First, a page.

As a mentor for startups internationally, which includes engaging with founders on a weekly basis from opposite ends of the globe, it was very interesting to compare and contrast how things work ‘under the hood’ in two very different regions of the world – in Vietnam and in the Balkans, or to be more specific in Albania, Kosovo and North Macedonia. Being physically on the ground and working with the local startup communities in a very hands-on way definitely afforded a more in-depth analysis and assessment of each ecosystem.
While each country had its own strategy for building an innovation economy, there are some common elements I’ve observed that could strengthen each ecosystem I experienced. I’ll call these the ‘3 Cs’:
In order to build a robust startup ecosystem, it is necessary to have the active involvement of many players at different levels. This includes the startups themselves, investors, as well as educational and government institutions. No one type of stakeholder can create a robust community on their own, it takes all of these individuals in order to implement something sustainable.
This has been well-documented in Brad Feld’s series of books on the topic. And while Feld’s books take more of a US lense to all of this, it was interesting to personally observe the applicability of the framework to emerging ecosystems. The theory definitely seems to define some universal truths, with Vietnam and North Macedonia being good case studies for the viability of such a multi-angled approach.
While all the above-mentioned stakeholders are important, the one stakeholder type that has a disproportionate influence on the rapid growth of a large pool of startups concurrently is investors. Vietnam has seen a number of VC funds emerge over the last couple of years, bolstered by the general attention South East Asia is drawing from institutional investors, yet the levels of capital deployment still cannot compare to those of the USA or mainland Europe, or even certain other parts of Asia.
For Balkans founders, lack of institutional capital and experienced venture investors is even more of a limiting factor as the region is still off the radar for the majority of VC funds, angel groups and corporations. I do think each respective government needs to play a more hands-on role in terms of encouraging venture capital deployment. This can be done via creating government ‘funds of funds’ – similar to what can be seen in the European Union – and also enhancing the tax environment in order to make it more welcoming for different classes of investors.
From a local founder standpoint though, it’s important to recognise this limitation and leverage the realities of the current global funding environment. Investors everywhere are now more open to hearing from high-potential startups, regardless of their country of origin. It is the startup CEO’s job to identify the investment avenues most appropriate to their startup and turn this into an actionable international capital raising strategy. The volume of venture capital being deployed everywhere is historically at an all-time high so it’s definitely a seller’s market.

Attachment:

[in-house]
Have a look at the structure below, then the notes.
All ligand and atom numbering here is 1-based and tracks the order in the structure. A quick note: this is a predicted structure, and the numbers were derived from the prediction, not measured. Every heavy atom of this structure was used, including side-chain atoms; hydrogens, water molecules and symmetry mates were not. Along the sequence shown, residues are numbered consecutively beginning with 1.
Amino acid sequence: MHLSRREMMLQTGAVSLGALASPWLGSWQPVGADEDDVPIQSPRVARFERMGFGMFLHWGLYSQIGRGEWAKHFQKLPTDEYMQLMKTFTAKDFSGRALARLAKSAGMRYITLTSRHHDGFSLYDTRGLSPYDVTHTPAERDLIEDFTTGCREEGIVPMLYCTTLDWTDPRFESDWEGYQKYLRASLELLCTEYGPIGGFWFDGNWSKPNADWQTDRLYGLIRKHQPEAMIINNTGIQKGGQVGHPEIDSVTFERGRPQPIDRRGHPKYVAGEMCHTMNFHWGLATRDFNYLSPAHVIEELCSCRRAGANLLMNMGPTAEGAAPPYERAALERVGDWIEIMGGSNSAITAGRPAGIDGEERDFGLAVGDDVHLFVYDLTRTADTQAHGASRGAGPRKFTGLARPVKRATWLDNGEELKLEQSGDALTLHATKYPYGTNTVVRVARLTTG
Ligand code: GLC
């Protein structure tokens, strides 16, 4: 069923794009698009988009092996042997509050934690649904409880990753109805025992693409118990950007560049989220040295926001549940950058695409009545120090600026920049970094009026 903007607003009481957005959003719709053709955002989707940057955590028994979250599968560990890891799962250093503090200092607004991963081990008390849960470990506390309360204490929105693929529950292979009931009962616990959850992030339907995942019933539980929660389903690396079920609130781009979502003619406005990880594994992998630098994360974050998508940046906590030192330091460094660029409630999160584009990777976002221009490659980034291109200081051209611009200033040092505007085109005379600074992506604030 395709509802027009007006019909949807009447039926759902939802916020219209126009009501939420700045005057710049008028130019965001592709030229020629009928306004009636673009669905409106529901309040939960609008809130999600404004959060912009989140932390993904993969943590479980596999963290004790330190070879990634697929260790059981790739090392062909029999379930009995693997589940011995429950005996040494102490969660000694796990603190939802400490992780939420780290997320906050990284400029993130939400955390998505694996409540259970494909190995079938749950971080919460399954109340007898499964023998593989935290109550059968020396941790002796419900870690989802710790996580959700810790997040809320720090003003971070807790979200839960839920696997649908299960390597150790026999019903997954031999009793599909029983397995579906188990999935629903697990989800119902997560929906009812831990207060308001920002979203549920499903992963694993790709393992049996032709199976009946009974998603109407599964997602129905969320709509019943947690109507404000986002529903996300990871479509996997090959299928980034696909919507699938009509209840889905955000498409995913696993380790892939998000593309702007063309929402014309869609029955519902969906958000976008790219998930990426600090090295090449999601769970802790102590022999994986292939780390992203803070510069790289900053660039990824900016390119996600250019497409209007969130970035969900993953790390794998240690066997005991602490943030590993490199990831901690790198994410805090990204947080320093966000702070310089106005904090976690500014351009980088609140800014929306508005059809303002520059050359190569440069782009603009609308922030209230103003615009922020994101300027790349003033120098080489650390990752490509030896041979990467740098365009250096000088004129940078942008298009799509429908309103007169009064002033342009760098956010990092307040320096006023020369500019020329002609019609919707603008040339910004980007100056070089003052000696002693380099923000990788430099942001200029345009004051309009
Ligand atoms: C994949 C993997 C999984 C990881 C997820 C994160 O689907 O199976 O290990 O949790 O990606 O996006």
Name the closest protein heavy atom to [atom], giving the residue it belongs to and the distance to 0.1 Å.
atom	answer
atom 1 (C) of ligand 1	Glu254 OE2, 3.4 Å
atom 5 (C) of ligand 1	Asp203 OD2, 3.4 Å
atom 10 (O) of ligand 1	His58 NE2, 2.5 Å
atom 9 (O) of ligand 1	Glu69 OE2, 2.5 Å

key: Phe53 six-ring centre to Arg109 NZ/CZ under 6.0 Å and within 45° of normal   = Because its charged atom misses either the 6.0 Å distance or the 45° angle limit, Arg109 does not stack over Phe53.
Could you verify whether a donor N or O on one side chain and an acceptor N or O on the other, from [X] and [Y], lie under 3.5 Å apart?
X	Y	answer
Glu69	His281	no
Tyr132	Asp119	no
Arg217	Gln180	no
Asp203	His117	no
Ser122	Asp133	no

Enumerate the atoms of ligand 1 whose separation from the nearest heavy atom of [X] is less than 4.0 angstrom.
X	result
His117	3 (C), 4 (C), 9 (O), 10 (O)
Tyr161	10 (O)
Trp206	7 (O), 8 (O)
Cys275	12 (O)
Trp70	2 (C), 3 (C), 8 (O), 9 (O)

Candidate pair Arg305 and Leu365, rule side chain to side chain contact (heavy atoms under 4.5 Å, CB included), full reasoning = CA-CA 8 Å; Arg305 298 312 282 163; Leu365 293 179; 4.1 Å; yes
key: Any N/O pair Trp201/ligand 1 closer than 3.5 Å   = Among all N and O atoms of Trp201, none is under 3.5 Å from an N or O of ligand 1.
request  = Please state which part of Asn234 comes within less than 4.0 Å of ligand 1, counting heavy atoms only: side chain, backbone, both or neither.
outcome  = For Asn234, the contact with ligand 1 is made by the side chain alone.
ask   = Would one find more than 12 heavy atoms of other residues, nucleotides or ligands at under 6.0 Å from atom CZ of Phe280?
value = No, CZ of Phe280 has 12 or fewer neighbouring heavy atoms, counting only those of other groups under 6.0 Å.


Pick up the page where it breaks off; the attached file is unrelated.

I don’t mean this in terms of psychological support – although every founder certainly could use help on that front also. Here I’m referring to the availability of mentoring and coaching from those who have already ‘been there and done that’ in terms of building and exiting startups. Such support from fellow entrepreneurs accelerates the learning curve of the entire ecosystem and allows for faster scaling of new products and businesses. When you have a local example of someone who’s made it, this is always more encouraging for someone just starting out as it feels more tangible and real.
But it’s also important to get exposure to founders who have operated at a global level, which is where the Swiss Entrepreneurship Program comes in. SwissEP’s mission is very commendable because it connects local founders with those who have already scaled businesses to a certain level. The opportunity to engage with such operators is something founders in Vietnam and the Balkans need to take more advantage of. Those who make the effort to turn up and challenge their thinking through such interactions will most likely be the future local success stories.
About Dennis: Dennis Kibirev started his first business at the age of 23 while working for Unilever. The experience of running that side hustle, while short-lived, got him hooked on entrepreneurship and he has since been involved in building and growing startups internationally. This includes formulating and implementing growth strategies for over 15 years as both a founder and startup executive, across Asia Pacific, Europe and North America.